On a fateful Friday, May 26, 2000, Hezbollah Secretary General Sayyed Hasan Nasrallah boldly proclaimed in the border town of Bint Jbeil that “Israel is weaker than a spider web.”
The profound resonance of this statement still echoes today, initially puzzling many observers who questioned how ‘Israel’, renowned for its “invincible” military, could be likened to a delicate spider web.
However, over the course of 23 years since Sayyed Nasrallah’s seminal speech, Lebanon’s Hezbollah has undergone a series of pivotal changes, resulting in adopting tactics of both offensive and defensive urban warfare.
Following the Israeli invasion of Lebanon in 1982, Hezbollah emerged as a resistance movement, focused primarily on defending Lebanon against Israeli aggression.
The unstoppable operations forced the Israeli occupation to withdraw from Beirut and then from Sidon to the so-called security zone in the south in 1985. The Lebanese resistance group then repelled the Israeli attacks in 1993 and 1996. Hezbollah forced the Israelis out of Lebanon later in May 2000, and confronted a 33-day war on the country in 2006.
Former Hezbollah Secretary General Sayyed Abbas Al-Moussawi with Hezbollah resistance fighters.
Throughout 24 years (from 1982 till 2006), Hezbollah was confined to a defensive posture. Although many confrontations were seen as offensive, including firing rockets at the occupied territories in 1996 and in 2006, the Lebanese resistance was aiming at imposing balance of deterrence against the Israeli enemy. Therefore, the aim was merely defensive.
Since 2006, Hezbollah undergone a remarkable transformation, emerging as a well-trained force on the offensive.
The ‘Grand Surprise’
In August 2007, the first anniversary of 2006 July war, Hezbollah Secretary General promised the “grand surprise that will change the balance of powers in any future war.”
Year after another, the Zionist entity became certain that the grand surprise was Hezbollah fighters’ invasion of the occupied Galilee, something which was openly announced by Sayyed Nasrallah in January 2019, when he said that “Israeli is aware that Hezbollah can invade Galilee.”
Such surprise means a lot in terms of Hezbollah’s shift in military strategies, especially regarding the transformation from state of defense to state of offense, a transformation that will basically result in a dramatic shift in the power dynamics between the Lebanese resistance group and the Zionist entity.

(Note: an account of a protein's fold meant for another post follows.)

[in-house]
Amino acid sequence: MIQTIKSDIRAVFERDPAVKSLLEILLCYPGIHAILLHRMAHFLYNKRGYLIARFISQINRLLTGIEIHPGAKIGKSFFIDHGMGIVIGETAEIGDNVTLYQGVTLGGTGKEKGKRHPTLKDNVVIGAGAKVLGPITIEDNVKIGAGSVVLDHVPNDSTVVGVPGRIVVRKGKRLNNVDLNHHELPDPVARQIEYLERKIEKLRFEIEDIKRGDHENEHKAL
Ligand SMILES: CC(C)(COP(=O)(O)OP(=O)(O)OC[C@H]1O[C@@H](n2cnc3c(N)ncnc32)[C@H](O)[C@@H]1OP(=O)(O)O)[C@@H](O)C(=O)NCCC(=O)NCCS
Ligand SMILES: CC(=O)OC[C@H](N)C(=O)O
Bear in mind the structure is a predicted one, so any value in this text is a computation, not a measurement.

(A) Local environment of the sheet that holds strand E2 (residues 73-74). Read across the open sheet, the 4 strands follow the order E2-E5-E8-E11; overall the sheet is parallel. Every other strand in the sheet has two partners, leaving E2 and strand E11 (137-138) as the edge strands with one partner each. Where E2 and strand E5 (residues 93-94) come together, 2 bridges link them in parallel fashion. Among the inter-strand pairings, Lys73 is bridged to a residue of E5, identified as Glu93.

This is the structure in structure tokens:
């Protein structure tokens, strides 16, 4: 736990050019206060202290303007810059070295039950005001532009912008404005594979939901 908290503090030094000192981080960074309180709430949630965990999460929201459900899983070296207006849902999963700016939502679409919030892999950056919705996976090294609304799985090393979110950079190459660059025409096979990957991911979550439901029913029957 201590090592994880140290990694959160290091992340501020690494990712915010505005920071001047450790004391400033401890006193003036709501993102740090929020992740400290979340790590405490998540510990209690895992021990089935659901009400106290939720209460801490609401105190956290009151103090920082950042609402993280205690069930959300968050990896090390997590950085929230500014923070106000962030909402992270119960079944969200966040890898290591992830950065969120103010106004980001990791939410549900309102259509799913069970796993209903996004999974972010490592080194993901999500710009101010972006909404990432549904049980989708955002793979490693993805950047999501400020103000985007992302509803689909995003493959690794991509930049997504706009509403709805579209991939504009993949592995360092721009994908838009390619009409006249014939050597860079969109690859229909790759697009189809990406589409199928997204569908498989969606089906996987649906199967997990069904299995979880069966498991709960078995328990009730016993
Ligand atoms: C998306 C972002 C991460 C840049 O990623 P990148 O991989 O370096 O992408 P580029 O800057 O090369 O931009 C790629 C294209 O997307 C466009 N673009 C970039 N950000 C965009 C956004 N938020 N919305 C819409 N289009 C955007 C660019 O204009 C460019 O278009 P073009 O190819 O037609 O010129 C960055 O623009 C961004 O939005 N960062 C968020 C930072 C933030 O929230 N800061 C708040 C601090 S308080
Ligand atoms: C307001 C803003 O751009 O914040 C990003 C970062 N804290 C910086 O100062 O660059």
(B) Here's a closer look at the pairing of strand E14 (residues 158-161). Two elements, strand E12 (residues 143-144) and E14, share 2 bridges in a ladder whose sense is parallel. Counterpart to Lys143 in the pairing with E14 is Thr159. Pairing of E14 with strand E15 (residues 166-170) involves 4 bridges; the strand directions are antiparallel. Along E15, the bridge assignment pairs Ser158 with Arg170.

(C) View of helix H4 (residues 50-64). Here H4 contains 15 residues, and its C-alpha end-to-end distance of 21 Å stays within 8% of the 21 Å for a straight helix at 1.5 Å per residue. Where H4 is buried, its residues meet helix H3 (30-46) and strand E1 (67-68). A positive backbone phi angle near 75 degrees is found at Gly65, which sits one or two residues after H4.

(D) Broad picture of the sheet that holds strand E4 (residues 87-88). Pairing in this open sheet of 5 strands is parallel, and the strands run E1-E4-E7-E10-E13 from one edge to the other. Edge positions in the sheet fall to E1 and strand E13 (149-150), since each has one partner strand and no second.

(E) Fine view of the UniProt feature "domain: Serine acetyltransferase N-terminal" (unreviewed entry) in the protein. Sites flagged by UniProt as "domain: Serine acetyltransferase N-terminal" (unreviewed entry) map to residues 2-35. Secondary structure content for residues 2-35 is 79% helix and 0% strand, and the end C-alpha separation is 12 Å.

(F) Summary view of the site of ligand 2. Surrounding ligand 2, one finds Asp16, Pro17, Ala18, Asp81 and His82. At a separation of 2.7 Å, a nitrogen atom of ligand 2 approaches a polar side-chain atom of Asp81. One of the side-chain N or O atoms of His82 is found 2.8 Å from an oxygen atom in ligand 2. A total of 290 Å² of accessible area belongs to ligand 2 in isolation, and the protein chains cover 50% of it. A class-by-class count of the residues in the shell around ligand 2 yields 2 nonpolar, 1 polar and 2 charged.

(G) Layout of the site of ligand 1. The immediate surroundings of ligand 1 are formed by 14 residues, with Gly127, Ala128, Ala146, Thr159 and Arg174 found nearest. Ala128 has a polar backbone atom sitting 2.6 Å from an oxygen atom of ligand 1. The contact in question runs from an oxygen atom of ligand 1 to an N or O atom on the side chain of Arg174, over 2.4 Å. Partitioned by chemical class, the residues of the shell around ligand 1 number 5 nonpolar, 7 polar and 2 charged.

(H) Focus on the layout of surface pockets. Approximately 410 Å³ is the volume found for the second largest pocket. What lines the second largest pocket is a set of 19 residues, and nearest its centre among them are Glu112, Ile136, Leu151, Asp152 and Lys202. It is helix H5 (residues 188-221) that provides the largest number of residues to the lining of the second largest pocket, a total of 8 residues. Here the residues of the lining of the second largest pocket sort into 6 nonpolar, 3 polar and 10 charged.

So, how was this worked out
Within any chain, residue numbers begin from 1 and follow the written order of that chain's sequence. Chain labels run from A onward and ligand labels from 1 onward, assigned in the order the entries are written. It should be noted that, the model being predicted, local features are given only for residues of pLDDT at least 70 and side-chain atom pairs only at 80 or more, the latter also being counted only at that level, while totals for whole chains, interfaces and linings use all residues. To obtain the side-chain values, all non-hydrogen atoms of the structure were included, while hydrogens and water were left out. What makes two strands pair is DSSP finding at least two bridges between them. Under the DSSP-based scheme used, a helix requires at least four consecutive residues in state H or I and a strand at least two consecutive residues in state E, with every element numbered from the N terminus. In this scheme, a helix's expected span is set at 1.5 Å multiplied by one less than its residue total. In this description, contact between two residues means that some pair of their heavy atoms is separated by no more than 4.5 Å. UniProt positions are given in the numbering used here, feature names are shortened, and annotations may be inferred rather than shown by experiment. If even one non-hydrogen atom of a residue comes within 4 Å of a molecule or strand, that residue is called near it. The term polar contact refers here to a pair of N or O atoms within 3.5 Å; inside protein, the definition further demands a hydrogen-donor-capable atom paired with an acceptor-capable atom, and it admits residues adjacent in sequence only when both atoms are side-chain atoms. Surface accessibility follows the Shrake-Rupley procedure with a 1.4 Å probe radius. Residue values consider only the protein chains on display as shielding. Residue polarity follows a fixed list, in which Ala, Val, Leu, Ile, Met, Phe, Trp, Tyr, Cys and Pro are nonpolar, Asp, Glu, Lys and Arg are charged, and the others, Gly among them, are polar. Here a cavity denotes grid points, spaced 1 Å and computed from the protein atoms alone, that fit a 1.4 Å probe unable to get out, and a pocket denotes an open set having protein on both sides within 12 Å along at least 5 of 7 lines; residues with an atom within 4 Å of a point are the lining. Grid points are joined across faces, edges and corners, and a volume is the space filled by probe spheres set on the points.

The video below shows Hezbollah fighters simulating attack on Israeli occupied territory during a maneuver staged by the Lebanese resistance group on Sunday, May 21, 2023, in south Lebanon.
Away from expectations and estimations, Hezbollah’s involvement in the war in Syria presented major shift in transforming from the defense to the offense.
Throughout several years, between 2013 and 2018 Hezbollah launched many offensives against Takfiri terrorists across Syria in Al-Qusayr, Homs, Aleppo, Al-Qalamoun and Arsal outskirts.
The tweet below was by Lebanese reporter Nada Andraos who shared a video of Hezbollah fighters taking over a militray post occupied by Nusra Front Takfiris in Arsal outskirts.
— Nada Andraos (@Nada_Andraos) June 5, 2015
The wide-scale operational engagement in Syria has exposed the Lebanese resistance group to advanced weaponry, operational planning, advanced command and control systems.
The operational experience Hezbollah gained during the years of fighting in Syria has enhanced its organizational, professional and command capabilities to include, among others, management of long-term fighting, upgrading low- and high-intensity fighting, and operation of advanced systems, all of which can contribute to offensive tactics.
Hezbollah’s tactics have been always an issue of concern for the Israeli decision makers, with both Hezbollah’s ‘grand surprise’ and expertise accumulated from the Syrian war being recalled.
In the last weeks, Israeli officials have been ramping up a threatening rhetoric against Hezbollah. Israeli Military Intelligence Directorate Chief Aharon Haliva warned last Monday (May 22) at a conference in Herzliya, that Sayyed Nasrallah was “close to making a mistake that could spark a regional war.”
In this context, Haliva cited an incident last March at Megiddo Junction, some 60 kms away from the border between Lebanon and occupied Palestine, where an Israeli man was seriously injured. Israeli occupation claims that the blast was a result of an alleged infiltration orchestrated by Hezbollah.
Hezbollah declined to comment on the incident, with Sayyed Nasrallah saying the bombing “confused Israel,” and that the group’s silence “is part of the political, media, military, and psychological battle” with the Israeli occupation.
Haliva, during Monday’s remarks said “the story of the terrorist at the Megiddo Junction isn’t a one-off.”
The Israeli official voiced concern that Hezbollah could be preparing for other infiltration attempts, moves that couldn’t be tolerated by the Zionist entity and could be seen as another aspect of Hezbollah transforming into an offensive power.
Hezbollah’s transformation from a defensive force to an offensive one represents a significant paradigm shift in the region’s power dynamics. The Lebanese resistance group has emerged as a formidable player capable of snatching the title of invincibility from ‘Israel’.
Source: Al-Manar English Website